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St. Augustine didn’t have all that many bullets in his gun when he wrote The City Of God. Everyone was pointing fingers at the Christians, blaming them for the fall of Rome. But one thing was clear to this African bishop: when the Visagoths sacked Rome, that blood-thristy army spared all those who took refuge in the Christian cathedrals. This, Augustine argued, was unprecedented in ancient warfare. This was evidence that even when the wrath of God is on display, His power is also shown in His goodness. Christianity wasn’t the enemy. But things in Kenya look bleaker. Hundreds have died over the past few days–– fifty of which were torched to death as they sought refuge in a Pentecostal church. This violent mob gave them no quarter and burnt the church––women and children included–– to the ground. It appears that in the aftermath of rigged elections, it is not so much the wrath of the Almighty we are witnessing, but the wrath of man. And here, it isn’t some invading horde that is sacking the cities, but the residents themselves. Like Pogo said, we have seen the enemy and it is us. For one thing remains true. As inscrutable as the City of God may seem, the city of man has always been the harder to figure.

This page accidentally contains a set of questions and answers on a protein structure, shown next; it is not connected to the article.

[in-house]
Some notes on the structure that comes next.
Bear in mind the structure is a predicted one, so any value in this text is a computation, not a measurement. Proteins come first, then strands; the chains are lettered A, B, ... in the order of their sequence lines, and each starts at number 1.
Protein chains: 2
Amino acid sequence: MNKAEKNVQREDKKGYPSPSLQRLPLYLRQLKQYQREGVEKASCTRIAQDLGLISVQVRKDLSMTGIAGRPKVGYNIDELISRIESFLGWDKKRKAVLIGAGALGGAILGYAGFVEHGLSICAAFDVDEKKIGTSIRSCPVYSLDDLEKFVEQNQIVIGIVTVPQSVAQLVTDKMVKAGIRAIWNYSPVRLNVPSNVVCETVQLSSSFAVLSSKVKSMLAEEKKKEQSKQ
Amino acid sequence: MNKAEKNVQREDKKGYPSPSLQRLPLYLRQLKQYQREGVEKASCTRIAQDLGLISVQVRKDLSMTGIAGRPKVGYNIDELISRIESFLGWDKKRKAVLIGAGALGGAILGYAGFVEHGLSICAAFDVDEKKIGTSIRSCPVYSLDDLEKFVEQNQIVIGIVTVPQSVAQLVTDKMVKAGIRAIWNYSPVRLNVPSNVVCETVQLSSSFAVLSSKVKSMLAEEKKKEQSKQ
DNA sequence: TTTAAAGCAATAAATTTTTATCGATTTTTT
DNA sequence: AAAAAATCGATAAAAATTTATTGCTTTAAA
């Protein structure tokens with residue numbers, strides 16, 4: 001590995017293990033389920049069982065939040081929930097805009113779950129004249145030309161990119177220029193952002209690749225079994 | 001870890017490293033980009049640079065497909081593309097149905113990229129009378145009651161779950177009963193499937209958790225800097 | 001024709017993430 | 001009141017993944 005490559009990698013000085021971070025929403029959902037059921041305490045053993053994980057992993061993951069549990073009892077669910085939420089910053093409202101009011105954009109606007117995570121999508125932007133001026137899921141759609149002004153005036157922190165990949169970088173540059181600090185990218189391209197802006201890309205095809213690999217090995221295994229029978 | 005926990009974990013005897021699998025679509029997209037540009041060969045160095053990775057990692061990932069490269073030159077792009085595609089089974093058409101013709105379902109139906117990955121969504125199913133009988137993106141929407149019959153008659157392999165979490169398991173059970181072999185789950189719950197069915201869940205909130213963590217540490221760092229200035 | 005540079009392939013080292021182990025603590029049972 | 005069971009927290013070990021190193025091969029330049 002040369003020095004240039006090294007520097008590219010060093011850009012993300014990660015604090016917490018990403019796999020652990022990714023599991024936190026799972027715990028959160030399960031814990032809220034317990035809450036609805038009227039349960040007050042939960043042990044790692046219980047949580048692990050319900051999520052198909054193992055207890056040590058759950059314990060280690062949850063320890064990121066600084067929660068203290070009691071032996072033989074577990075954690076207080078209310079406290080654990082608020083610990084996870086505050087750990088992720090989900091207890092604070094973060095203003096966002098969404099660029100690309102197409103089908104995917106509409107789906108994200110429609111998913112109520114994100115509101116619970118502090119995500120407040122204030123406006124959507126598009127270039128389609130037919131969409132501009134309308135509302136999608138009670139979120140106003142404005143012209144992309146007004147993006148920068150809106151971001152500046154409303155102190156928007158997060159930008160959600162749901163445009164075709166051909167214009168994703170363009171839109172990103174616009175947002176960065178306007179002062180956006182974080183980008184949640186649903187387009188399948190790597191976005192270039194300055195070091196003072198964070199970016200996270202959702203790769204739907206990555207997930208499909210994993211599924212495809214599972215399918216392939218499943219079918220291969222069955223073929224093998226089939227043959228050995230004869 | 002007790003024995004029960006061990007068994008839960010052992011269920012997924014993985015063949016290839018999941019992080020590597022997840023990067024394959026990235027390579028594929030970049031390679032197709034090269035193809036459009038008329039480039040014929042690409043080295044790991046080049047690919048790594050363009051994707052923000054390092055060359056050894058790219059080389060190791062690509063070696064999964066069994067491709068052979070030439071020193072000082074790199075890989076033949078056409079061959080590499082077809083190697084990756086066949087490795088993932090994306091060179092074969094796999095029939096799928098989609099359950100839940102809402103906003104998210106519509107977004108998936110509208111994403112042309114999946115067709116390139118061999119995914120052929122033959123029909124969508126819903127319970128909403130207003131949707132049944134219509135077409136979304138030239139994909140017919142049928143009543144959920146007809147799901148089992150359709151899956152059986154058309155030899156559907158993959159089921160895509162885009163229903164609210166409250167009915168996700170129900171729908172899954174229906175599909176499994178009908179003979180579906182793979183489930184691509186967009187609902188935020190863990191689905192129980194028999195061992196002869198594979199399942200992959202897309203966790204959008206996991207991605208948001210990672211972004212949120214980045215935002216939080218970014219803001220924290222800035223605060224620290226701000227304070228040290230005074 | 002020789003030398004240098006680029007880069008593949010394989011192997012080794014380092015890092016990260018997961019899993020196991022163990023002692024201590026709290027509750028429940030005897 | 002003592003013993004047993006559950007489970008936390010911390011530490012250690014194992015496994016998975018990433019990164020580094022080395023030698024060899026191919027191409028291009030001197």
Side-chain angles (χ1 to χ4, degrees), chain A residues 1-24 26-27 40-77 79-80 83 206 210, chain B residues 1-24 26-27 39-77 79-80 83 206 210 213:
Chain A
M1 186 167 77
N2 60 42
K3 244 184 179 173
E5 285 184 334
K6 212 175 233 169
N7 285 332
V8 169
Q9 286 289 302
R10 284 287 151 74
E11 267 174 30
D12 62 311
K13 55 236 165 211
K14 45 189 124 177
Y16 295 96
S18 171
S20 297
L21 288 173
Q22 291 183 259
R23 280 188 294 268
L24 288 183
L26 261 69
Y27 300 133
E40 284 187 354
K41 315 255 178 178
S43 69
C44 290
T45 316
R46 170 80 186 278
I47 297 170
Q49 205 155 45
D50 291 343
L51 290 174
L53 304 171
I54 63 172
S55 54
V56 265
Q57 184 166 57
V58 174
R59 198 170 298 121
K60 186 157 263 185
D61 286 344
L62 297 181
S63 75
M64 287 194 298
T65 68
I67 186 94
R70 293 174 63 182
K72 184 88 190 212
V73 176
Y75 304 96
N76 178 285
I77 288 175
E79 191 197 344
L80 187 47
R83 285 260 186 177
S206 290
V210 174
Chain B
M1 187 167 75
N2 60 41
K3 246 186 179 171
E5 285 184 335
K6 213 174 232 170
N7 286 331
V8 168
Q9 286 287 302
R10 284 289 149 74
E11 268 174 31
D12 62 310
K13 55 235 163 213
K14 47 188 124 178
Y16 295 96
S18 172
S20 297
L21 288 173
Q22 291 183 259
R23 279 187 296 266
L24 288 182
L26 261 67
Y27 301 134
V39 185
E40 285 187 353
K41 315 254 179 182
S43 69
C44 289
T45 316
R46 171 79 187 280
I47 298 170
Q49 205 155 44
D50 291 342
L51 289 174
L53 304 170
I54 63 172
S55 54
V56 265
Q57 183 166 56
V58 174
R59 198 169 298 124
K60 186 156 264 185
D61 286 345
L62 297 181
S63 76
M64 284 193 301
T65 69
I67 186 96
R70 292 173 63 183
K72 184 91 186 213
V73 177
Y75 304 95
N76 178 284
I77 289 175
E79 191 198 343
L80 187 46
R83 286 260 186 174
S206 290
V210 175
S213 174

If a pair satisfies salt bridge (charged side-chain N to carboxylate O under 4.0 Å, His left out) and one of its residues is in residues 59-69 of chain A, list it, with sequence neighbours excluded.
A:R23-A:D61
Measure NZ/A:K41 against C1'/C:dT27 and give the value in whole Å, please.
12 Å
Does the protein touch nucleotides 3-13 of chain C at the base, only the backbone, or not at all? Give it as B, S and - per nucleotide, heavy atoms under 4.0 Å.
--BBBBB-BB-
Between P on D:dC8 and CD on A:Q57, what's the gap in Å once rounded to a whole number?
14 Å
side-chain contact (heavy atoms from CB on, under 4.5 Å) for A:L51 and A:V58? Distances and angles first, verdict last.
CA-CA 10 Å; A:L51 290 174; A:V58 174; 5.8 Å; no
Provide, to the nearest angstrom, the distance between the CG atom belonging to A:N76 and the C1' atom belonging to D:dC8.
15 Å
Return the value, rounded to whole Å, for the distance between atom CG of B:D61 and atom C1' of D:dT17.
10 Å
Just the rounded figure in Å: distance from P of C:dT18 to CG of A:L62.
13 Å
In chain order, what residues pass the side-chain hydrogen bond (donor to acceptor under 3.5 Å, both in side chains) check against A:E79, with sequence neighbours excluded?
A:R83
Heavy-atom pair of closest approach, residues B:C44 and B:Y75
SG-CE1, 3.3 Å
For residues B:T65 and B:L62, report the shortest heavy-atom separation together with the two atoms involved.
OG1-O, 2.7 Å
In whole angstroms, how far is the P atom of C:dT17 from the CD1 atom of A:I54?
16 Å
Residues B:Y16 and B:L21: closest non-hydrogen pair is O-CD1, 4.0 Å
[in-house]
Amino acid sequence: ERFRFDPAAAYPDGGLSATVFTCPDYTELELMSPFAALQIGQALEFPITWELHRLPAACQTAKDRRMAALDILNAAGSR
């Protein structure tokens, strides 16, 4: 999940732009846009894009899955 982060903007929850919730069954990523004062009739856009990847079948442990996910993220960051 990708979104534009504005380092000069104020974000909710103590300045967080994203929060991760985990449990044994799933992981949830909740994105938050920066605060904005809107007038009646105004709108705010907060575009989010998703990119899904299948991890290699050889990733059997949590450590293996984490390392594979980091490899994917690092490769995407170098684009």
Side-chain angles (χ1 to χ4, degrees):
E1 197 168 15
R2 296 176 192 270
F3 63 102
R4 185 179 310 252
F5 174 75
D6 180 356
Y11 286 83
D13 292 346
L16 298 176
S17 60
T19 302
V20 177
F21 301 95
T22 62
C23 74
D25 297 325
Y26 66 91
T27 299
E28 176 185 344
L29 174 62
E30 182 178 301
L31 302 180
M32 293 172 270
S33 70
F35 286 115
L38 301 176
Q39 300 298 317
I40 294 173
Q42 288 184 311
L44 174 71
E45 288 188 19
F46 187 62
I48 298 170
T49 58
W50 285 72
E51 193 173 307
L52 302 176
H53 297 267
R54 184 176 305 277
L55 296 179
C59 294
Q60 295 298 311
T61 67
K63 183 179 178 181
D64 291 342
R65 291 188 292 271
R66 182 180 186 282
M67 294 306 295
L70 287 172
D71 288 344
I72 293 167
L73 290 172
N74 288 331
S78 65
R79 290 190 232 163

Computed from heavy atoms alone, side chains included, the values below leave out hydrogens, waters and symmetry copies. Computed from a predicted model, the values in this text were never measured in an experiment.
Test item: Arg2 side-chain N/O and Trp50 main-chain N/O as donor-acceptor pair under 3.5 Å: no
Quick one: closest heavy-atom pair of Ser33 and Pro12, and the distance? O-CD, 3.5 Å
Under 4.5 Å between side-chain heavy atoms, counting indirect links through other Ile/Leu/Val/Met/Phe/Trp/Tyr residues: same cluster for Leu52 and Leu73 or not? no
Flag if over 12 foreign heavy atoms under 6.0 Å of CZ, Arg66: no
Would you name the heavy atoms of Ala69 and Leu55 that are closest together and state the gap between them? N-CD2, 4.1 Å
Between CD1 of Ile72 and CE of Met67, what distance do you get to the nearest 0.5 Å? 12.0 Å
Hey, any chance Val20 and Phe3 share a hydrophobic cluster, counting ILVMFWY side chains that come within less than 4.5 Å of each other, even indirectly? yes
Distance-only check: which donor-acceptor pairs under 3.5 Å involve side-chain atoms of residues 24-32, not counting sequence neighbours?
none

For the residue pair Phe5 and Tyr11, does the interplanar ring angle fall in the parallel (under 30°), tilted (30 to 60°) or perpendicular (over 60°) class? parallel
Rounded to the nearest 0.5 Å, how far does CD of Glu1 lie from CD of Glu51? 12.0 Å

One Comment

  1. It’s so so sad – what’s happening in Kenya. A beautiful country being desecrated.

    Kinda like how God felt when his people turned from him. (I’ve been reading Ezekiel lately.)

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